Maybe I should blame this post on the weather as it is a gloomy morning here on the Canadian prairies. Today’s post is different from my usual run-of-the-mill posts, more introspective and perhaps even critical. The weather certainly does have a tendency to have a person withdraw within where sunshine has the tendency to have a person leave the protective shell to engage with the outer world.
As some of you may know, I have a history with mental-health issues. However, I don’t want to get into those issues here other than to perhaps serve as a warning that a trigger or two may lay in the words to come. Rather, I want to focus on the present. As a person with a significant background in psychology, which includes teaching psychology and being a part-time mental health counsellor over a number of decades, you would think that by the age of seventy-plus I would have my shit together. Sadly, that’s not the case. Saying that, I have to add that I am mostly in a decent place, and that I am not at risk as was the case decades ago. Likely, there is no cure for a fractured psyche.
The Covid19 pandemic must also be figured into the mix. Like everyone else, life had been turned upside down because of Covid19. Unlike most people, the need to be socially distant has not been a hardship for me with the exception of not being able to see my grandchildren and adult children for too many months. I am an introvert. People overwhelm me at times. Even playing with my grandchildren and socialising with my children and their spouses wears me out leaving me exhausted at the end of each day.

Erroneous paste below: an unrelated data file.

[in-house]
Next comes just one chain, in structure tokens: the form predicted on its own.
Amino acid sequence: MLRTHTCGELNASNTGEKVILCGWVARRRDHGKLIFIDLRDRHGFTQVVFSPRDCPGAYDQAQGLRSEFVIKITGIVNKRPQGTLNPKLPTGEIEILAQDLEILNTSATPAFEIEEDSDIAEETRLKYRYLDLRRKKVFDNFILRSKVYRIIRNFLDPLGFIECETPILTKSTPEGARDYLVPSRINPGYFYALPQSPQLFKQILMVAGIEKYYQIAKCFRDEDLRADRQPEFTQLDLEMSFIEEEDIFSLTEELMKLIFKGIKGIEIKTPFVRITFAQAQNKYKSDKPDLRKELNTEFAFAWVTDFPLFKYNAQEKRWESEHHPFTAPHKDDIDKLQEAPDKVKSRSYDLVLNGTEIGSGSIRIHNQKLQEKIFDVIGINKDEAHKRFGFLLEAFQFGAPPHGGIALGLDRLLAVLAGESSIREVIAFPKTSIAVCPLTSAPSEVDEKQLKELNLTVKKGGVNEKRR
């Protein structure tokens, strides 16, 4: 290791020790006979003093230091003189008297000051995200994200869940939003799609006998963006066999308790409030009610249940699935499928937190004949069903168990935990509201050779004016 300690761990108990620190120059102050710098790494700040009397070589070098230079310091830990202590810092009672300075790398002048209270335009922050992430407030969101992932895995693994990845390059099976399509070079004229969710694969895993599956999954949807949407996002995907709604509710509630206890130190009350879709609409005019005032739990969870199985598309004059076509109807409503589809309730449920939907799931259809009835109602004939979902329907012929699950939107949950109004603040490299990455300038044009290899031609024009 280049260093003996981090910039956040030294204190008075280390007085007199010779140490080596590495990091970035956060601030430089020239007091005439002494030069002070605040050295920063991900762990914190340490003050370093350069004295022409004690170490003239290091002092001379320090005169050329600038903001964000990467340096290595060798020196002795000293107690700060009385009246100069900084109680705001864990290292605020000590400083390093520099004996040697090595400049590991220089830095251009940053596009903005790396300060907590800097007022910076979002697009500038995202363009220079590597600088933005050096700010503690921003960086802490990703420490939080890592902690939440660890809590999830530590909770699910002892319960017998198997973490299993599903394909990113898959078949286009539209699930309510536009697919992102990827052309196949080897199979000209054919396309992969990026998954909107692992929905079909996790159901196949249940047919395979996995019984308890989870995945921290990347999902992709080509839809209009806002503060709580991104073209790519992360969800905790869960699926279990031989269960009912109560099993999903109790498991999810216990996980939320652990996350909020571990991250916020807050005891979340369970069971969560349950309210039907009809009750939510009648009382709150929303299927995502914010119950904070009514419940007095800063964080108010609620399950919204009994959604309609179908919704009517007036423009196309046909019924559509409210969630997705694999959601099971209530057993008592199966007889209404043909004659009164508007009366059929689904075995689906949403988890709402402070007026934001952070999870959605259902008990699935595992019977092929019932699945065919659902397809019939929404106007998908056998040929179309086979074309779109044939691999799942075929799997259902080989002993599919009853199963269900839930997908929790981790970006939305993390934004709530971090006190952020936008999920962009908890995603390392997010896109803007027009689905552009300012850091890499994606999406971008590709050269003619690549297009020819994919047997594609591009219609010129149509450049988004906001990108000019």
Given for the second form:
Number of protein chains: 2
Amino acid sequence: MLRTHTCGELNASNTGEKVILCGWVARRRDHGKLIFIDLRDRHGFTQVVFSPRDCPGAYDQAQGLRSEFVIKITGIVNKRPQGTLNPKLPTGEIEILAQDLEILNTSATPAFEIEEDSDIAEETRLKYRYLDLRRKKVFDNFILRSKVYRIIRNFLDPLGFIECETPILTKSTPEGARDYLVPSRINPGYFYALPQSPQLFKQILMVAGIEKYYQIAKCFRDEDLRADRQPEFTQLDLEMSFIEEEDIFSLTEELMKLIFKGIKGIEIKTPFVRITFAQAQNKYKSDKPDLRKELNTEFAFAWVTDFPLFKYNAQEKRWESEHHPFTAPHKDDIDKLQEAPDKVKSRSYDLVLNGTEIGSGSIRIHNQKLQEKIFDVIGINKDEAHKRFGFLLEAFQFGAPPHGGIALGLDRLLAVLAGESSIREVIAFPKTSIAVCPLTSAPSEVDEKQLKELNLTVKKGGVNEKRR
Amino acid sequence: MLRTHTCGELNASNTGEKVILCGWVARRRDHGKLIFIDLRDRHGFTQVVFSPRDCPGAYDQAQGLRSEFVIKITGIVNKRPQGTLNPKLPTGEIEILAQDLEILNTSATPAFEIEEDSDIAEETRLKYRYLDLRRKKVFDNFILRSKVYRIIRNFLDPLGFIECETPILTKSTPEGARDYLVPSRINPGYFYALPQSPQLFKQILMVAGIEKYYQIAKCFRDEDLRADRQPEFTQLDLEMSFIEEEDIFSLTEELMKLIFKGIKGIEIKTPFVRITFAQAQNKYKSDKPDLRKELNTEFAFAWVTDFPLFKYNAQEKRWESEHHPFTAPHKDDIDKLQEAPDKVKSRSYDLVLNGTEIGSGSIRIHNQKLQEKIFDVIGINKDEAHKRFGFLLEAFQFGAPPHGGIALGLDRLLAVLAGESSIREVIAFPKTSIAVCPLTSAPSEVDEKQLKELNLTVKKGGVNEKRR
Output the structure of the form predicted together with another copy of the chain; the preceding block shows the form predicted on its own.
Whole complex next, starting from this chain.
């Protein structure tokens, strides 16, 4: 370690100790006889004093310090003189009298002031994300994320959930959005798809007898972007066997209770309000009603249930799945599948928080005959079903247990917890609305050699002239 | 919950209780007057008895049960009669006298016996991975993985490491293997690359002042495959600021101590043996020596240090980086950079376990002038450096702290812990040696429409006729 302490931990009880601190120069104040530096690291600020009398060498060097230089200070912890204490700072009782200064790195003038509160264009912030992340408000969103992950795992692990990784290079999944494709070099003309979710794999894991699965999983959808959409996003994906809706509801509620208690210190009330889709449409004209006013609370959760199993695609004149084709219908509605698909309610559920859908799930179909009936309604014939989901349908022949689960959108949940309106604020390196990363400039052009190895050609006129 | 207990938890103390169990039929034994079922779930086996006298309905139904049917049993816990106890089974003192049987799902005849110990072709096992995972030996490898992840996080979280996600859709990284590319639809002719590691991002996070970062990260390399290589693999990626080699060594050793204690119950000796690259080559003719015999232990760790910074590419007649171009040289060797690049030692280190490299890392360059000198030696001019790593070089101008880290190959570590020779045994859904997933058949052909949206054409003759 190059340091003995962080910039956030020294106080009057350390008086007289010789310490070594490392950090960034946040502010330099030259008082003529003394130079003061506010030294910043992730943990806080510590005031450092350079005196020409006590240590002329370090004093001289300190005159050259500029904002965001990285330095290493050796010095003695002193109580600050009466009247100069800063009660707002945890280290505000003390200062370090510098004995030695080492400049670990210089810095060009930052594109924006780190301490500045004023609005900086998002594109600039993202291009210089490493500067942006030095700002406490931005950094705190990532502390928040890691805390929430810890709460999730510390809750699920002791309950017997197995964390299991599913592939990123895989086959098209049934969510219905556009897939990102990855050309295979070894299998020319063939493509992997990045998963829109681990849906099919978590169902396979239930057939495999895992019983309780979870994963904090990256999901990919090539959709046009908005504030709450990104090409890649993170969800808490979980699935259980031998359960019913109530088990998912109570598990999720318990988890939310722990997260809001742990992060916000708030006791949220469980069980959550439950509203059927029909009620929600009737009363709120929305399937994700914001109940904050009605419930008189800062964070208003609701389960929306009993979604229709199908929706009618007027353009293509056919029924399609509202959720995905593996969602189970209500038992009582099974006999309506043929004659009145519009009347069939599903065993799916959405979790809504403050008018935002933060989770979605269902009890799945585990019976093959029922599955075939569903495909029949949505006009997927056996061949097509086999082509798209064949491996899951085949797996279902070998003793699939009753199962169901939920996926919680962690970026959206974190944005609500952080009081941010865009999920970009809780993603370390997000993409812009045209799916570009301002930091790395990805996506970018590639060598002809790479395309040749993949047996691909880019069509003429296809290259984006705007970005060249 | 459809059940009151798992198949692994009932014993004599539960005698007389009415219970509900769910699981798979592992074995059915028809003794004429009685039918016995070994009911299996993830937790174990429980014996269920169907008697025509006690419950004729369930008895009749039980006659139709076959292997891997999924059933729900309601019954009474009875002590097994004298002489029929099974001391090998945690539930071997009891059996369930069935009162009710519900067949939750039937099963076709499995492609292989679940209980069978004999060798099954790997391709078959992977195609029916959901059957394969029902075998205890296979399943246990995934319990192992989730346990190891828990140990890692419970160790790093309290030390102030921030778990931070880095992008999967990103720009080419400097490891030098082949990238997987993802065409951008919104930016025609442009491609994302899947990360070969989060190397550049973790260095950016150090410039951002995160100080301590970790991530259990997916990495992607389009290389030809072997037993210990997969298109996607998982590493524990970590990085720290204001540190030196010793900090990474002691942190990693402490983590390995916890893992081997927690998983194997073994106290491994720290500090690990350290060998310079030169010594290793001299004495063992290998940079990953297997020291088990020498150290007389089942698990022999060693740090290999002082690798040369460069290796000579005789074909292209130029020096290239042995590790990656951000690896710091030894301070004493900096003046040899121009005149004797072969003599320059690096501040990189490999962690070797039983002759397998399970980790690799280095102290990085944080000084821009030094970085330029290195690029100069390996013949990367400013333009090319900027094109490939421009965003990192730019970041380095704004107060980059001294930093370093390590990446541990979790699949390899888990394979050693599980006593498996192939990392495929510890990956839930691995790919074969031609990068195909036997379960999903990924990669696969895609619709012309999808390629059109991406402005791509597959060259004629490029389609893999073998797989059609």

So much for the background material. Now, it’s time to get into the main subject matter. Sky Clad Therapy? Is there really such a thing? In my personal circumstances, I can honestly answer “Yes!” However, I am a realist and know that for most people, the answer would be a resounding “No! No! No! Are you out of your freaking mind?” I know at an academic level that there is evidence that nudity does help some people deal with some of their mental-health issues. Maslow said as much and one of his followers, Paul Bindrim led a number of experimental group therapy efforts where nudity in a pool was a requirement. Other psychologists also tried to incorporate nudity as a tool to help the healing process. Aileen Goodson, author of Therapy, Nudity and Joy has gathered a significant number of other efforts to affirm that for some, nudity helps with the healing process. As a former mental-health practitioner I quickly learned that each client had unique needs regardless of the wounding they had suffered to bring them to counselling. There is no one-size-fits-all therapy model. So yes, Sky Clad Therapy is real.
On one of my trips to my home naturist campground, my significant other accompanied me. It didn’t take her long to note that it appeared that everyone at the site seemed to be wounded in some way, a fact that helped her understand what I had been telling her. She is not a nudist by any stretch of the imagination but is also not closed-minded. She knows first hand that nudity is a vital part of why I have been able to become a healthier person. Periodic attempts on my part to shelve nudity in an attempt to fit better into a normal textile world always end up in various stages of failure with her saying, “Take of your damned clothes.” Now, as many of my readers know, I push boundaries when I am nude, but that is a different issue for a different time.